MANATEE COUNTY (WFLA) – School is officially back in session for public school students in Manatee County. The district is one of the first in the Tampa Bay area to reopen for in-person classes amid the coronavirus pandemic.
Manatee County Schools gave parents there options for their kids — face-to-face classes five days a week, full-time eLearning, or a hybrid option.
Superintendent Cynthia Saunders says the first day back was a success. “From an opening day standpoint, very pleased,” said the superintendent.
The superintendent says as of Monday afternoon, there were no positive COVID-19 cases or exposures at any of the district schools.
Saunders visited several schools throughout the district Monday morning to get a clear idea of how things were going from a logistical standpoint.
“The conversation is the same in most schools. Really what they are wanting to know is — ‘how are you, do you have any concerns about coming back under the pandemic, are there any things that we need to know of that occurred since you’ve been gone that we can help you with either from at home standpoint from an academic standpoint’. Really those are the same questions that we are asking all of our teachers to assess our students,” said Saunders.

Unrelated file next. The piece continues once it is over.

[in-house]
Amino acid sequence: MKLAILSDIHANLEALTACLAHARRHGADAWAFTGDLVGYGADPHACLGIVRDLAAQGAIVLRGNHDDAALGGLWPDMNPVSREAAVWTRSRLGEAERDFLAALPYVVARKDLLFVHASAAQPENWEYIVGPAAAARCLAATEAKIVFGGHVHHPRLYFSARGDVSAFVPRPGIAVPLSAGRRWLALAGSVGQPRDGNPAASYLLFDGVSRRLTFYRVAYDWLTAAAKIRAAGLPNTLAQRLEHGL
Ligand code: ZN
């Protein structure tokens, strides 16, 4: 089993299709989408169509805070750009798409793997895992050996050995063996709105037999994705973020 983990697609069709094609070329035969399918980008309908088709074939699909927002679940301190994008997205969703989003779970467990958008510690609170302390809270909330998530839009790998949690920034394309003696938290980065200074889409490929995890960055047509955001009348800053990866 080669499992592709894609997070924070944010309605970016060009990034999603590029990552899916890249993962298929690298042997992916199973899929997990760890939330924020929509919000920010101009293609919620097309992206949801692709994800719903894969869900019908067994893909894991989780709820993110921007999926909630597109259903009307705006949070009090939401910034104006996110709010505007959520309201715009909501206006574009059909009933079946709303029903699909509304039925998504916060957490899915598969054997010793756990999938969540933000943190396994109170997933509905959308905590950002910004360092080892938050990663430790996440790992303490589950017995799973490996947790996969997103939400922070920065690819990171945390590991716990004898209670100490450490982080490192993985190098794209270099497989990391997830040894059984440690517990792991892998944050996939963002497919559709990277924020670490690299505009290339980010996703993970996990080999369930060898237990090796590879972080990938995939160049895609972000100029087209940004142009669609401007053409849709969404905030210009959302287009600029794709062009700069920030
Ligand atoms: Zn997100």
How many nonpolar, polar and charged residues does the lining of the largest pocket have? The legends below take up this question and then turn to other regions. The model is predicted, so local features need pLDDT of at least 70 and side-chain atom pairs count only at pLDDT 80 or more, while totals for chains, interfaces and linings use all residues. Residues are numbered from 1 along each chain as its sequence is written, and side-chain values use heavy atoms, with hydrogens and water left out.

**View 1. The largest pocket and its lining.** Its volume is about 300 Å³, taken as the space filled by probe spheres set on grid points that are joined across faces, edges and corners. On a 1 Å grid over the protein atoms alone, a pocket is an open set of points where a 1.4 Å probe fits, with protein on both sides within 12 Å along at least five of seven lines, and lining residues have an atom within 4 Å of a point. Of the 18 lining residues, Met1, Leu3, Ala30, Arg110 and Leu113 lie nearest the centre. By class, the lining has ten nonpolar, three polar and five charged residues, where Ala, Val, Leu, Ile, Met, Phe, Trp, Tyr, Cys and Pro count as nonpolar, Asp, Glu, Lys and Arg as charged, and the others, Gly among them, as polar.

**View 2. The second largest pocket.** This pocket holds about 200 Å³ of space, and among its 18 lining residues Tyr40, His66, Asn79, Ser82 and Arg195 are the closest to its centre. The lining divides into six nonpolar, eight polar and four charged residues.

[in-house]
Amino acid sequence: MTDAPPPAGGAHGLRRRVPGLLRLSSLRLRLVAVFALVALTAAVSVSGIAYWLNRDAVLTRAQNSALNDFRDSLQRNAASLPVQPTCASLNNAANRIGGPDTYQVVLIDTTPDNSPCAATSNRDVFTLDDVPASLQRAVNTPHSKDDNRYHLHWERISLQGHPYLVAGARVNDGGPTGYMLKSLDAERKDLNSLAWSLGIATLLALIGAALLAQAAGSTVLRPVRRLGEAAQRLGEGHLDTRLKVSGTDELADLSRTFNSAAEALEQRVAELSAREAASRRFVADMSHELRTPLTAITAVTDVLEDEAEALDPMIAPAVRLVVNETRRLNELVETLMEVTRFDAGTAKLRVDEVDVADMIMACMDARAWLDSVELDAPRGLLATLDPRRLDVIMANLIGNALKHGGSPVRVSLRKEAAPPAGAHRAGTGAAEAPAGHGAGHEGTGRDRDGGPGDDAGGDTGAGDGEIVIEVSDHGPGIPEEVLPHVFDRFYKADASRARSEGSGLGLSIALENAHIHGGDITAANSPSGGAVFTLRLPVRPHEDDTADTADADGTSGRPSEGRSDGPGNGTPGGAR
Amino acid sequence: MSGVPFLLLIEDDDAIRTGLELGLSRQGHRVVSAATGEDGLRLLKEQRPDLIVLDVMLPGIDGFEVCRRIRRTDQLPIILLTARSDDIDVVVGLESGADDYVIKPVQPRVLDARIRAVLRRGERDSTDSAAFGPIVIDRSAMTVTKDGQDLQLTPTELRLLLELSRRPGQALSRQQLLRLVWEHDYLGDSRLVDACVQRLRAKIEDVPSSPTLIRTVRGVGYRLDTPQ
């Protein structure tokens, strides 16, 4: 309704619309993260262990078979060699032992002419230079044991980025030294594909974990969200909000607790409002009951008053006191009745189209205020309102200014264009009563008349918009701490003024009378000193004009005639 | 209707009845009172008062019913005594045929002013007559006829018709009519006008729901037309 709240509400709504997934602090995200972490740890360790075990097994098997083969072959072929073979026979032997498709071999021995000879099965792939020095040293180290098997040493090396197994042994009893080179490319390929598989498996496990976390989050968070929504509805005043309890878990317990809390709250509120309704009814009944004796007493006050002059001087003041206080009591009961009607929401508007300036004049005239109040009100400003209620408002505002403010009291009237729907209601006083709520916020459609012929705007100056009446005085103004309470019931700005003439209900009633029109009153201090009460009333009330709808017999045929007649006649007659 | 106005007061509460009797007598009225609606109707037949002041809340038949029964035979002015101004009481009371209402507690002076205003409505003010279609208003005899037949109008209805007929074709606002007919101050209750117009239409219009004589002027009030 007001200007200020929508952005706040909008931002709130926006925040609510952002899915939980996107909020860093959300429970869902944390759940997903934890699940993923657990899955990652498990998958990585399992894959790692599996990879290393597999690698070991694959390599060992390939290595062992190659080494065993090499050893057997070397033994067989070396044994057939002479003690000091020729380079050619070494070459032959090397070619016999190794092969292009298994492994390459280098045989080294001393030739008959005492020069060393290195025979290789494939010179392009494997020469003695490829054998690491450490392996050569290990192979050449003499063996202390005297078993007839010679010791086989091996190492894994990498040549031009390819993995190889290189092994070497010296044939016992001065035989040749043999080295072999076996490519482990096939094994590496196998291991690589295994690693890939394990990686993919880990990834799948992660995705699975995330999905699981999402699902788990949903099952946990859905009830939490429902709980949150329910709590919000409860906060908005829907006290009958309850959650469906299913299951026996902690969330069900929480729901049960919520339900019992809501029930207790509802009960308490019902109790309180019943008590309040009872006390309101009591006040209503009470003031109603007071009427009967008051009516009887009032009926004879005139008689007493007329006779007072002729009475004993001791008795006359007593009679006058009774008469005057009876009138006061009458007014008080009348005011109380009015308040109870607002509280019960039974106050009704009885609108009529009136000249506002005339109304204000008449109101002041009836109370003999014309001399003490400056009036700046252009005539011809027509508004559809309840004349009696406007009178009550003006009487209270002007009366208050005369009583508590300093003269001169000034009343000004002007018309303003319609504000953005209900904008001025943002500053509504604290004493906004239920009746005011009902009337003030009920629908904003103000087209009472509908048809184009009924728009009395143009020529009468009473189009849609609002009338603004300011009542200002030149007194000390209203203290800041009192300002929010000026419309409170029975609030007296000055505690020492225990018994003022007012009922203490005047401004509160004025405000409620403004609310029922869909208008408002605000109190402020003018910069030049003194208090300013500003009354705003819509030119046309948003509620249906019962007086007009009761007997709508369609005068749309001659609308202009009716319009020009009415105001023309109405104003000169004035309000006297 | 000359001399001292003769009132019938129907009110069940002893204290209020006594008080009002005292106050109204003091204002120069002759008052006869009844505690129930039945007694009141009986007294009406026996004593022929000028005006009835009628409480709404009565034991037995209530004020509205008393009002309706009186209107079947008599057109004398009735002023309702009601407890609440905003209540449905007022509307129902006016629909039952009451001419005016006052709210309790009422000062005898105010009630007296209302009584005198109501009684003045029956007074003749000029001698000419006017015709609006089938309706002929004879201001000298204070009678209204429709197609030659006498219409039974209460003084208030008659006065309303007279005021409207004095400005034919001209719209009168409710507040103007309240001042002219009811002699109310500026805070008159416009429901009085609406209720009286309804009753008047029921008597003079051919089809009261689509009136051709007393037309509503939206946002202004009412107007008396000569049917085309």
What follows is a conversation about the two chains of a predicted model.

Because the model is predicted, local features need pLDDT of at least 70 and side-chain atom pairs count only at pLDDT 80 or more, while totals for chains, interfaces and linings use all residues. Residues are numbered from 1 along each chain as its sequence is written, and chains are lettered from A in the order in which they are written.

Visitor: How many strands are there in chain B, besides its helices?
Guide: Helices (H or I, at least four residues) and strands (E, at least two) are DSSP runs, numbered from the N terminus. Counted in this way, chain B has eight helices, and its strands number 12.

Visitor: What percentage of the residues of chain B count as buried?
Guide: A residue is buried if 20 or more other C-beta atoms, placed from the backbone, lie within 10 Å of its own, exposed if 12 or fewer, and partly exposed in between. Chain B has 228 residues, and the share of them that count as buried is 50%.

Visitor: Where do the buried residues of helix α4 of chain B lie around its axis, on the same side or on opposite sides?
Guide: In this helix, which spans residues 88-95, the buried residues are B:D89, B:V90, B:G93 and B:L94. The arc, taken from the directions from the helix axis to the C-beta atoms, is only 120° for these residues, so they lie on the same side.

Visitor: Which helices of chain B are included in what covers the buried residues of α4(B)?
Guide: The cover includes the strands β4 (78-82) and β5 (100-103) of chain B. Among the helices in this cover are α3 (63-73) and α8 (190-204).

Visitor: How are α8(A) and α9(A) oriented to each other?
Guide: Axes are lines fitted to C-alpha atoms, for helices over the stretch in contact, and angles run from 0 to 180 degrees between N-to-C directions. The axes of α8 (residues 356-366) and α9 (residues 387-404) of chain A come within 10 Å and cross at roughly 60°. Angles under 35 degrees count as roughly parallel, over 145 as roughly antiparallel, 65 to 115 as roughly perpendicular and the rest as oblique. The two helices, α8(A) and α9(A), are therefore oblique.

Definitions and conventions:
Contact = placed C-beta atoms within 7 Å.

“We really want to gauge how have you been, emotionally, academically, physically,” said Saunders. She says it is also important to gauge students’ internet and computer device accessibility at home should students need to switch to eLearning due to a possible exposure or positive case.
Students at Virgil Mills Elementary School in Palmetto showed up Monday morning to have their temperatures checked before entering the building.
“I am happy that they are taking correct precautions to try to make the space safer so that the education process can occur. We are really pleased with that,” said parent Edward Wolanin.
At Bayshore High School in Bradenton, students describe what it was like going back to school in the middle of a global pandemic.
“Tt was very strange,” said senior Asha Chery. “In the hallways, there are arrows pointing where you need to go and there are certain stairways where you can’t go up, it’s only going down. It is low-key frustrating, but it is understandable. I know where my classes are, but I have to do a whole 360 around the school to get where I need to be,” said Chery. “Lunch is a whole different story. We have little cubbies directing us where to sit, where not to sit. It is a new atmosphere, new changes, but I like it,” she continued.
Chery says most of her classmates stayed masked up throughout the day and respected the safety of others. She hopes to see students continue their efforts to keep schools open.
Superintendent Saunders says between social distancing, masks, physical barriers and smaller classes — the hope is to limit contact and possible exposures to COVID-19 as much as possible.
“So if you did have an infected case, it wouldn’t necessarily mean the entire classroom or the entire school is going to have to be shut down,” said the superintendent.
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